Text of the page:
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11 May 2016
Data scientists are "as rare as unicorns", proclaimed a Guardian piece last year looking at the shortage of the specialists at a time when big business is increasingly switching on to the benefits of harvesting its statistics.
That may be a slight exaggeration, but there is no doubt that there is a scarcity of professionals capable of analysing data, and engineering it for tangible business benefits. The amount of customer data large organisations hold is truly staggering, and in an age in which digital marketing has come to the fore, the potential of it to power business development drives has never been bigger.
That's why these large companies are prepared to pay big money for the right data scientists, but the problem is, some are good at one half of the job, but not the other - for example, many are adept at analysing the data, but not at putting it to effective use in the sales, marketing and IT arms of a company, and vice versa.
What we usually see with the emergence of these 'recruitment holes', is that they are eventually filled thanks to an upsurge in training courses and programmes created to meet the demand for prospective pupils. It appears that there is a lot of catching up to do - according to the US News & World Report’s Top 100 Global Universities, less than one-third offer data science courses.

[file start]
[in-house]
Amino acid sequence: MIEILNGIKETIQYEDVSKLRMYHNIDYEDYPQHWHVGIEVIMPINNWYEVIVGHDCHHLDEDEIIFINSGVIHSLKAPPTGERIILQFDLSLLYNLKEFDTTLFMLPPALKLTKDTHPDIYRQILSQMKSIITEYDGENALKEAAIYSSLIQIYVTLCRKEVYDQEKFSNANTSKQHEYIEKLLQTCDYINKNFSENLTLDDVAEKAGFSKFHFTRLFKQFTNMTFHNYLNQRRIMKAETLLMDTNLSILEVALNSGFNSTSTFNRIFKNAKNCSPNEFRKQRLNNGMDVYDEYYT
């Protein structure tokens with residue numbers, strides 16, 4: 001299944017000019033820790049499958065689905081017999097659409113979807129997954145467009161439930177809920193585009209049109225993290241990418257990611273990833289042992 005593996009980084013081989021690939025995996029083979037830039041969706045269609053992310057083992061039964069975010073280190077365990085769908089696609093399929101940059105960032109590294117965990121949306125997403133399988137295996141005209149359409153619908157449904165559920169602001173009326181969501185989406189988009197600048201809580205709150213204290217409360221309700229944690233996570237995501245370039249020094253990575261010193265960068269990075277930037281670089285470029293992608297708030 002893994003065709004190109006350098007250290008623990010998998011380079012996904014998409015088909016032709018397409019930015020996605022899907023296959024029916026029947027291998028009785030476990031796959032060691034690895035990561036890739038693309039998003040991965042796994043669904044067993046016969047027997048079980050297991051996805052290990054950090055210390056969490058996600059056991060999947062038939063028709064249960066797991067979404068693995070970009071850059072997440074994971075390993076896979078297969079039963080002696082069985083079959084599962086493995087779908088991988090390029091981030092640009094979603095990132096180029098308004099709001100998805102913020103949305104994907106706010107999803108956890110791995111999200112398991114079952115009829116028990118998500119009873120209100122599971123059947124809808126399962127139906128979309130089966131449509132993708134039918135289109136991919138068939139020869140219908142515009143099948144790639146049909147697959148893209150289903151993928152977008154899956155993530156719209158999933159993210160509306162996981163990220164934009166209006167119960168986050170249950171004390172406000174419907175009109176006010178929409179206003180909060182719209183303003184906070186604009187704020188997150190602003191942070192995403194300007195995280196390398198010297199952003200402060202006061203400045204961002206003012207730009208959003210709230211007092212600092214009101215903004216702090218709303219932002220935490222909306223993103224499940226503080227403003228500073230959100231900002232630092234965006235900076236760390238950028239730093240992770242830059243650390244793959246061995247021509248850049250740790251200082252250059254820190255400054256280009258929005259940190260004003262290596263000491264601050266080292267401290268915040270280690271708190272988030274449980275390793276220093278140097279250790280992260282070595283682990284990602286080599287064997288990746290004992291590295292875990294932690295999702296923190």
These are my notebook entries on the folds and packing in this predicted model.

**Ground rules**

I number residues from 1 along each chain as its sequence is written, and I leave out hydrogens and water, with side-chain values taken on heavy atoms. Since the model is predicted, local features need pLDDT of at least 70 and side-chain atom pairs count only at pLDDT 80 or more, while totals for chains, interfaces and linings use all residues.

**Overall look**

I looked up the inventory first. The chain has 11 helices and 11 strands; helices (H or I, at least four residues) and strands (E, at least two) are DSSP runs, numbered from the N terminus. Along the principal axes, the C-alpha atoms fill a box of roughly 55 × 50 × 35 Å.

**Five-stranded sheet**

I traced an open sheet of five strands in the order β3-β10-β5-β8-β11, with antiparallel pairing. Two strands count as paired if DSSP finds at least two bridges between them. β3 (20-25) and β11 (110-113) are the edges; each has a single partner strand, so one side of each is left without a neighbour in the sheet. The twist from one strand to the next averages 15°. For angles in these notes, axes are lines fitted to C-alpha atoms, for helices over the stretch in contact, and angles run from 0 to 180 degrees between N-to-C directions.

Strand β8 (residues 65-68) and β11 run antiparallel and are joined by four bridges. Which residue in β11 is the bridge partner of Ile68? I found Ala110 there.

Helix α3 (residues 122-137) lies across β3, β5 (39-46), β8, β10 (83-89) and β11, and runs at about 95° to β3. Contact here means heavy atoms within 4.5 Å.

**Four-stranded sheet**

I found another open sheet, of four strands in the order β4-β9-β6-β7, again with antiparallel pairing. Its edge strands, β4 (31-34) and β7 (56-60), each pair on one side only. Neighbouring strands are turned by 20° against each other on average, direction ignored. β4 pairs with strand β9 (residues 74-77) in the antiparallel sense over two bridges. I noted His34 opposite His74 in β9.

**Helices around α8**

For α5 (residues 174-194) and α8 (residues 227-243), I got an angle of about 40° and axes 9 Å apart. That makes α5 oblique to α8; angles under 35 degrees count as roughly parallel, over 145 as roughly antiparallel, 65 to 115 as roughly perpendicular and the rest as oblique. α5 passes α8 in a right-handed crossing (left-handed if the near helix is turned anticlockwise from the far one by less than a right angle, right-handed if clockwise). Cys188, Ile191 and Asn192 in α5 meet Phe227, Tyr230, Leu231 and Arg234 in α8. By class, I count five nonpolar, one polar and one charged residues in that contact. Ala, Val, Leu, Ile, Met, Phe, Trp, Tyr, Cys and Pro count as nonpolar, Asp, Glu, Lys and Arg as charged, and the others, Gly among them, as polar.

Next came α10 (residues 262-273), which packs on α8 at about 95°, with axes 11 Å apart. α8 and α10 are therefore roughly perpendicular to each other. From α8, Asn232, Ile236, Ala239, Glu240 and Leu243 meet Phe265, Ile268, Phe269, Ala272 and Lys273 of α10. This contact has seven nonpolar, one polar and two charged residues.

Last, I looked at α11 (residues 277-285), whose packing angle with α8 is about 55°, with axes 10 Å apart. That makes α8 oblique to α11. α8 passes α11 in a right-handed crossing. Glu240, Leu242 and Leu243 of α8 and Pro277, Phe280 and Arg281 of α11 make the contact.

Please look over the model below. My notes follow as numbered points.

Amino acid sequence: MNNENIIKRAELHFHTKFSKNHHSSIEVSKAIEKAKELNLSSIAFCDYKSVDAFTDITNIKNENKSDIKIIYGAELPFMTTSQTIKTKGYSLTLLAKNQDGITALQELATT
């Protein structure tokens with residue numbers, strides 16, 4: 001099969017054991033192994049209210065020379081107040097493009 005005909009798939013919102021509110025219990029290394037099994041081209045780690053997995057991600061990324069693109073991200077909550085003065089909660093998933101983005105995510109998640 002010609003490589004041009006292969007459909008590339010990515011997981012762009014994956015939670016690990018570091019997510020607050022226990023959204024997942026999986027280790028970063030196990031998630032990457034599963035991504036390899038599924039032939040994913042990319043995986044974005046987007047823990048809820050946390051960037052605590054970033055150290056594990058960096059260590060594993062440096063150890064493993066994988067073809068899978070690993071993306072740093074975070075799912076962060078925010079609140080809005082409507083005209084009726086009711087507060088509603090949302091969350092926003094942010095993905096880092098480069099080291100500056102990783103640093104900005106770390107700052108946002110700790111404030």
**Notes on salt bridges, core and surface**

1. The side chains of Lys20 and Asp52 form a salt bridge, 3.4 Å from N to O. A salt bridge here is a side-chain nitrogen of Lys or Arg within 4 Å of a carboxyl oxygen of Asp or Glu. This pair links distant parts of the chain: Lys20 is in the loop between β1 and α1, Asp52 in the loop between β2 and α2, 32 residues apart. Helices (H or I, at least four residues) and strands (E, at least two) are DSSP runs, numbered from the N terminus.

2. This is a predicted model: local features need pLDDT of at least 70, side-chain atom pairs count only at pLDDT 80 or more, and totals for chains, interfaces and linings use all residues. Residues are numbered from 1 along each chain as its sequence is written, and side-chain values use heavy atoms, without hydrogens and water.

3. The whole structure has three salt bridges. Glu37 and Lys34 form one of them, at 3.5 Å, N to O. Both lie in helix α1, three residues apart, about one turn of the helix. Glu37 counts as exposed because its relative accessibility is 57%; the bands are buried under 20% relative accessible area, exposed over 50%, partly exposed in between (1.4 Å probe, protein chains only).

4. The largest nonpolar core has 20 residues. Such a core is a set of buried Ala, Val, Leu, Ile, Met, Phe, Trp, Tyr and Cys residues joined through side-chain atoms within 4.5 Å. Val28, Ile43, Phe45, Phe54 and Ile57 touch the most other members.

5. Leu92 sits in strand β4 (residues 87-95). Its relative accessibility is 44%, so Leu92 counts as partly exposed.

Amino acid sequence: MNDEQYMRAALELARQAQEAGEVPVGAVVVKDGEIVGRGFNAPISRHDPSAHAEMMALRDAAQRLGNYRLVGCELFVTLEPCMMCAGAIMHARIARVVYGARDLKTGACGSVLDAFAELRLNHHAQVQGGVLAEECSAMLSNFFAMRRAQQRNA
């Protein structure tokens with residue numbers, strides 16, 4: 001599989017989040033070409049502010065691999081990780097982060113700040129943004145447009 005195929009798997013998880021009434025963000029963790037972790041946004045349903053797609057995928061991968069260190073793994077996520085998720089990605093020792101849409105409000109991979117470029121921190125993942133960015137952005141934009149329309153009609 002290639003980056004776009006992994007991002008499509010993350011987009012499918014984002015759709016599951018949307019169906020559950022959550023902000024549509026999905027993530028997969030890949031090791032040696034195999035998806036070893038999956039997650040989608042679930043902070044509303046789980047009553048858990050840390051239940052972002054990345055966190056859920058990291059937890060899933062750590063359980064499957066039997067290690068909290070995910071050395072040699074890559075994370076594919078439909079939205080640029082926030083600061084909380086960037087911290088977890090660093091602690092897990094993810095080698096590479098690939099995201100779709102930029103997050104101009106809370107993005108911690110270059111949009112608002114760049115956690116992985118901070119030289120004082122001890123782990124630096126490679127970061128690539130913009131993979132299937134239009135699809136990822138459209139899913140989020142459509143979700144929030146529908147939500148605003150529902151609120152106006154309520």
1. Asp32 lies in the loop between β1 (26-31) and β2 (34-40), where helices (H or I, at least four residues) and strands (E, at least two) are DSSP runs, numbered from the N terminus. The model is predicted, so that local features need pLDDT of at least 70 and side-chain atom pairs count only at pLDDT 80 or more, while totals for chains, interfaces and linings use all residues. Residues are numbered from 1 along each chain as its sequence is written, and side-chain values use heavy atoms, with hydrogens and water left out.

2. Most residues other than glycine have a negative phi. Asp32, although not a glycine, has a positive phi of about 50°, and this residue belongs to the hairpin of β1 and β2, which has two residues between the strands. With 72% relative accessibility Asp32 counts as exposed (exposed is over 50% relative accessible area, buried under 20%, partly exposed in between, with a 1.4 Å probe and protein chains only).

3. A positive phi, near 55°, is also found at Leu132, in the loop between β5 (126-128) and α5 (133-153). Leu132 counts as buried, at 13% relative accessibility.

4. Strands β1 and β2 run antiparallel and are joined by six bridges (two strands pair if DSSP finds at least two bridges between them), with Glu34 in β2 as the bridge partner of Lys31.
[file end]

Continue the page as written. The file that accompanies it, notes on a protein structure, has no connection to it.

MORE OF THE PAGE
We are also likely to see more big data-specific courses, as colleges and universities aim to make the subject more vocational, and relevant to the modern day business world. Looking further down the track, schools and other undergraduate institutions might become more keen to teach pupils about big data at an earlier age.
Companies could begin to look at working with what they have. There are many data analysts that are trained in examining statistics, and we could see these individuals trained up, either internally or externally, and moved in the direction of data science.
There's no doubt that the big data skills shortage in Europe will take a while to address, but the rewards are simply too high for there to be a problem in the long term.